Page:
Introducing the 2017 New Visions Scholarship Winners

This year’s New Visions scholarship winners come from all walks of life, but they have a few things in common: tenacity, commitment, a passion for STEM and indomitable drive for changing the world through social justice and advocacy.

Although women fill close to half of all jobs in the U.S. economy, they hold less than 25 percent of STEM jobs. Five of our scholarship winners are looking to change that statistic.

As a youngster, Emily Lin’s trips to Home Depot with her dad as a shy little girl taught her that even when people underestimated her, she could “figure things out.” Her passion for knowledge has piqued her interest in deep sea and space exploration. This fall, she’s studying engineering at Georgia Tech University.

Watch New Visions Scholarship Winners Reflect on the Educator Who Inspired Them to Succeed. 

Shumaila Bibi spent her early years in Pakistan daydreaming of the quality education she would receive in America. Leaving her mom and sister behind, Shumaila migrated to New York in 2014 with her dad, two brothers and grandfather. Taking college courses for credit, interning at Montefiore and maintaining the highest average in her class at Bronx Academy for Health Careers prepared her for a career in medicine. The valedictorian of her class, Shumaila is continuing to motivate herself as a freshman at Fordham University.

Often times, the dreams of going to college for talented high school seniors are thwarted by the exorbitant cost of college tuition. The New Visions scholarship, now in its ninth year, awards well-deserving students $20,000 scholarships to help offset the cost of attending the college of their choice.

Through a generous leadership gift from New Visions board member Ralph Schlosstein and his wife, Jane Hartley, New Visions has awarded scholarships to 80 New York City high school seniors who have gone on to attend colleges across the nation including Princeton, Yale and Dartmouth and have launched careers in finance and medicine.

Artfully describing her experience of poverty in an essay, Lauren Germosen had no grasp of the magnitude of the circumstances that she and her mom faced living in a homeless shelter. In her childlike naivete, she said, “I was the freest I’d ever been."

Today, eight years later, she celebrates a new freedom, one that comes from studying psychology at the University of Pittsburgh, with hopes of becoming a psychiatrist some day.  “Completing my degree is paramount,” she says.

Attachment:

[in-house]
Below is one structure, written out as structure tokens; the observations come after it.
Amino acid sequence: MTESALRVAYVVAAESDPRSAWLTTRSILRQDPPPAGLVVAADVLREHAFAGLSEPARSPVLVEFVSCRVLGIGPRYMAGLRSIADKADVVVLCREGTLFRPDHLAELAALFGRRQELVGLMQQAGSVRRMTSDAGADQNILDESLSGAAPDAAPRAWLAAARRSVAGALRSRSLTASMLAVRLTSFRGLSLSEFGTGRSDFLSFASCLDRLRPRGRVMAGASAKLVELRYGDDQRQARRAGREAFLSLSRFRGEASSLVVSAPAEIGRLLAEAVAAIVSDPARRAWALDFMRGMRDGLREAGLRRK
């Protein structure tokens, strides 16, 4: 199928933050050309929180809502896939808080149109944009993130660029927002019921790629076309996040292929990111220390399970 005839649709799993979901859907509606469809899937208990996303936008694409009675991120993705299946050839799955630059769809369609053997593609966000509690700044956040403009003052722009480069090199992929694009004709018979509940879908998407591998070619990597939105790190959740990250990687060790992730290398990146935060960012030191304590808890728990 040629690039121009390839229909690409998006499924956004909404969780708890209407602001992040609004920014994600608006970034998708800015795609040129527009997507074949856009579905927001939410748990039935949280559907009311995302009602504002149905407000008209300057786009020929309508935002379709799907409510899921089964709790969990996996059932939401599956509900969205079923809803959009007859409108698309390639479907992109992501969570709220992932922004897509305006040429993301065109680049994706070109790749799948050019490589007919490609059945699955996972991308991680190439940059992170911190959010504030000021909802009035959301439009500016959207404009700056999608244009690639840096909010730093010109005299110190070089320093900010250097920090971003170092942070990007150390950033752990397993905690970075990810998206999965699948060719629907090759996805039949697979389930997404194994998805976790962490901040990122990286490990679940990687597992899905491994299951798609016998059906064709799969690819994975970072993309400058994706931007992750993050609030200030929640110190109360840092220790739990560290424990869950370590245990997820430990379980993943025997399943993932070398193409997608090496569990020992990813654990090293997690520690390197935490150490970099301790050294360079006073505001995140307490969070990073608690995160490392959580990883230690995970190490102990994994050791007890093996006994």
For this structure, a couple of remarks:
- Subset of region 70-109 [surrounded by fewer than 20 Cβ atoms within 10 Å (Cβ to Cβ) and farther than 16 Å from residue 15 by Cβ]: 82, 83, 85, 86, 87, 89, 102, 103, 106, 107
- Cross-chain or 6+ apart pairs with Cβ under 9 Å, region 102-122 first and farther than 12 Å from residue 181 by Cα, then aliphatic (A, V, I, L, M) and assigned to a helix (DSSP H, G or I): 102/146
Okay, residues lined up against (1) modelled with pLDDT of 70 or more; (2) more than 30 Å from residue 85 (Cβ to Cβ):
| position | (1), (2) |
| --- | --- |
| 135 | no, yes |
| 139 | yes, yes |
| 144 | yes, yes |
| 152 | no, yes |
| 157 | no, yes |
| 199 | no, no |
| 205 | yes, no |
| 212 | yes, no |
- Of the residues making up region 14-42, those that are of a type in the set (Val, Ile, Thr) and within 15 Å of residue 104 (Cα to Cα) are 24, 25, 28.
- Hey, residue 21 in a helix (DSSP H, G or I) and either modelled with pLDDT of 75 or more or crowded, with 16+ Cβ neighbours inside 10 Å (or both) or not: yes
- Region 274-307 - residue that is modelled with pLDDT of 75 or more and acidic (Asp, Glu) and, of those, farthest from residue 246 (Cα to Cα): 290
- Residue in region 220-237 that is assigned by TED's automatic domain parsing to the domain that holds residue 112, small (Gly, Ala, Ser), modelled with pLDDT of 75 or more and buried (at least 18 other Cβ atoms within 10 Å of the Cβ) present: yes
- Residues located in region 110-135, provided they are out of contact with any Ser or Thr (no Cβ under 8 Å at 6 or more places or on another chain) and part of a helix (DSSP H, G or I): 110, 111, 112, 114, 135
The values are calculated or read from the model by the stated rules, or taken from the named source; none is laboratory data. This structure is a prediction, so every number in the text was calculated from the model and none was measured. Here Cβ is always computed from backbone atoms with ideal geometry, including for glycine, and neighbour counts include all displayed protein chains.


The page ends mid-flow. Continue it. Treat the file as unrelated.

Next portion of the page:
Lauren, along with many other New Visions Scholarship recipients, have learned to negotiate personal hardship and turn it into academic success.

Jord’n Earle found an outlet in the performing arts, as a young man coping with the absence of his father. “Ever since I was fourteen years old, I religiously watched Glee,” he said. “I would memorize my favorite songs.” Today, with his passion for the arts and his leadership experiences during his four years at New Visions Charter High School for Advanced Math and Science III, Jord’n is pursuing a degree in business at Howard University. He hopes to one day run an organization for low-income youth to help them excel both in the arts and in school.

With plans to also pursue a degree in economics, Tasmida Mollah, a Hillcrest High School attends Fordham University. There, she hopes to study abroad and deepen her passion for providing children in her home country of Bangladesh with access to quality education.

Youma Traore and Donnyv Pierre have no qualms about their devout focus and dedication to their education.

“Education is my plan A, B, C and D,”says Youma. Recently named the 2017 Valedictorian at Bronx Center for Science and Mathematics, she now attends Brown University, with plans to study political science.

Donnyv isn’t certain of a career path after he graduates from Hunter College in four years, but instilling the importance of education in young people is his priority.  He plans to inspire them with his dad’s advice: “Education is what no one can take from you.”

Motivated by social justice advocacy and women’s rights, Gabrielle Francis and Fatoumata Barry have plans to shatter the glass ceiling that exists for women in other countries. Gabby, who attends The New School and plans to pursue global studies, has interned with Supreme Court Justice Sonia Sotomayor and wants to create a platform as a queer woman of color, to be a voice for the voiceless women, people of color and LGBT community all over the world.  

Fatoumata, affectionately called Fatou by her friends at Thurgood Marshall Academy for Learning and Social Change, knows the physical and emotional pain of being voiceless. As a female child born into a traditional Guinean household, Fatou had no say in her culture’s ritual of female genital mutilation. Today, she is a passionate advocate for global women’s rights. She is studying medicine at Spelman College, with the goal of  one day providing adequate medical health care to women all over the world.

As the students look forward to what college will bring, they reflect on the lessons that life has taught them thus far.

Both Joarlyn Vasquez and Rosa Gil attend Brandeis University and New York University where they study neuroscience.

When Rosa enrolled at Knowledge and Power Preparatory International Academy High School (KAPPA), she didn’t speak any English.

Today, she is the Valedictorian of her class, proving her mantra, just as the other 11 scholarship recipients have: “You can do anything when you try. Just try.”

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